Sunday, November 2, 2014


The average adult's body weight is generally 50 to 60 percent water—enough, if it were bottled, to fill 40 to 50 quarts. For example, in a 150pound man, water accounts for about 90 pounds and fat about 30 pounds, with protein, carbohydrates, vitamins, and minerals making up the balance. Men generally have more water than women, a lean person more than an obese person. Some parts of the body have more water than others. Human blood is about 92 percent water, muscle and brain tissue about 75 percent, and bone 22 percent.

The body uses water for virtually all its functions: digestion, absorption, circulation, excretion, transporting nutrients, building tissue, and maintaining temperature. Almost all body cells need and depend on water to perform their functions. Water carries nutrients to the cells and carries away waste materials to the kidneys.

Water is needed in each step of the process of converting food into energy and tissue. Water in the digestive secretions softens, dilutes, and liquefies the food to facilitate digestion. It also helps move food along the gastrointestinal tract. Differences in the fluid concentration on either side of the intestinal wall enhance the absorption process.

Water serves as an important part of body lubricants, helping to cushion the joints and internal organs; keeping tissues in the eyes, lungs, and air passages moist; and surrounding and protecting the fetus during pregnancy.

Many adults take in and excrete between 8 and 10 cups of fluid daily. Nearly all foods have some water. Milk, for example, is about 87 percent water, eggs about 75 percent, meat between 40 and 75 percent, vegetables from 70 to 95 percent, cereals from 8 to 20 percent, and bread around 35 percent.
The body gets rid of the water it doesn't need through the kidneys and skin and, to a lesser degree, from the lungs and gastrointestinal tract. Water is also excreted as urine by the kidneys along with waste materials carried from the cells. About 4 to 6 cups a day are excreted as urine. The amount of urine reflects, to some extent, the amount of an individual's fluid intake, although despite the amount consumed, the kidneys will always excrete a certain amount each day (about 2 cups) to eliminate waste products generated by the body's metabolic actions. In addition to the urine, air released from the lungs contains some water, and evaporation that occurs on the skin (when sweating or not sweating) contains water as well.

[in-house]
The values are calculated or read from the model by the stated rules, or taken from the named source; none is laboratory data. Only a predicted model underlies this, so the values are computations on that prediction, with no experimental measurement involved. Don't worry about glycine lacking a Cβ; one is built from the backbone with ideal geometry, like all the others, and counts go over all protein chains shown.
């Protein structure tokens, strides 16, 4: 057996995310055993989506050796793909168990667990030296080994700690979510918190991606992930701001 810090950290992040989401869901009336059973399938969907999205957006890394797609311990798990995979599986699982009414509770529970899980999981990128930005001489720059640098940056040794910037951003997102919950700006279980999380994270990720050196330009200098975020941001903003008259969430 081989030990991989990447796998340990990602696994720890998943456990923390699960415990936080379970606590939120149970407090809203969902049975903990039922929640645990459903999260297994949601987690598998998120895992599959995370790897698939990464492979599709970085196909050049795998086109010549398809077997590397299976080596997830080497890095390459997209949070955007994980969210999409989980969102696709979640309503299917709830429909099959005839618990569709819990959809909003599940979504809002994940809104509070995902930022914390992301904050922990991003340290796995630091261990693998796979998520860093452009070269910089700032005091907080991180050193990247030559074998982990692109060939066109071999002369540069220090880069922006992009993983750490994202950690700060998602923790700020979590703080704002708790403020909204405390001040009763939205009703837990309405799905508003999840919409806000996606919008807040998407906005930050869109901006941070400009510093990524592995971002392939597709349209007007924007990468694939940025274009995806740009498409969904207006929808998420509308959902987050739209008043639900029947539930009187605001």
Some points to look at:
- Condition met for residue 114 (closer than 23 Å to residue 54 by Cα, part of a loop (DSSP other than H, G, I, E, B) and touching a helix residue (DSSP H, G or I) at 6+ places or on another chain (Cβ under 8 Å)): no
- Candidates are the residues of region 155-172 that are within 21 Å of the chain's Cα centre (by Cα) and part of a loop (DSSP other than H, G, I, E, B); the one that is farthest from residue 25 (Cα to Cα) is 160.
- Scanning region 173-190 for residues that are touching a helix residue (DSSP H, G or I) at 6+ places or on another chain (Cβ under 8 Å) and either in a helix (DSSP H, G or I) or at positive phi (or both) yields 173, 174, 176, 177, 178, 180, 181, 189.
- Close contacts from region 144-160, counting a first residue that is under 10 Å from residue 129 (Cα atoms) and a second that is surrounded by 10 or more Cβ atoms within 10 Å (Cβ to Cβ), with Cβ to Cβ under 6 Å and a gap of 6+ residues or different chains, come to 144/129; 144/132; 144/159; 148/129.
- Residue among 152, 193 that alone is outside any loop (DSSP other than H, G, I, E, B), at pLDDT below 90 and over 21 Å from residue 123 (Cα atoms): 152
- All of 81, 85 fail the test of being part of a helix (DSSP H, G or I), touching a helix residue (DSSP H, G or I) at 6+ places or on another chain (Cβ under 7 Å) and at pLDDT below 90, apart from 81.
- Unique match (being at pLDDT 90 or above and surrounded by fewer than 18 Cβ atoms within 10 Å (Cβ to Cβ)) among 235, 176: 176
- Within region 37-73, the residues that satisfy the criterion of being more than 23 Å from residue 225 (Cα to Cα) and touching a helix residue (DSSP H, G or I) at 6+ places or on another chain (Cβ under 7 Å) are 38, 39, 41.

If normal and healthy, the body maintains water at a constant level. A number of mechanisms, including the sensation of thirst, operate to keep body water content within narrow limits. You feel thirsty when the blood starts to become too concentrated. Unfortunately, by the time you feel thirsty, you are already much in need of extra fluid. It is therefore very important not to ignore feelings of thirst, a concern that is particularly appropriate for the elderly, whose thirst mechanism is compromised. The well-known recommendation to drink 8 cups of fluid daily is too much for some, like many elderly, and too little for others, like athletes.

There are, of course, conditions in which the various body mechanisms for regulating water balance do not work, such as severe vomiting, diarrhea, excessive bleeding, high fever, burns, and excessive perspiration. In these situations, large amounts of fluids and minerals are lost. These conditions are medical problems to be managed by a physician.

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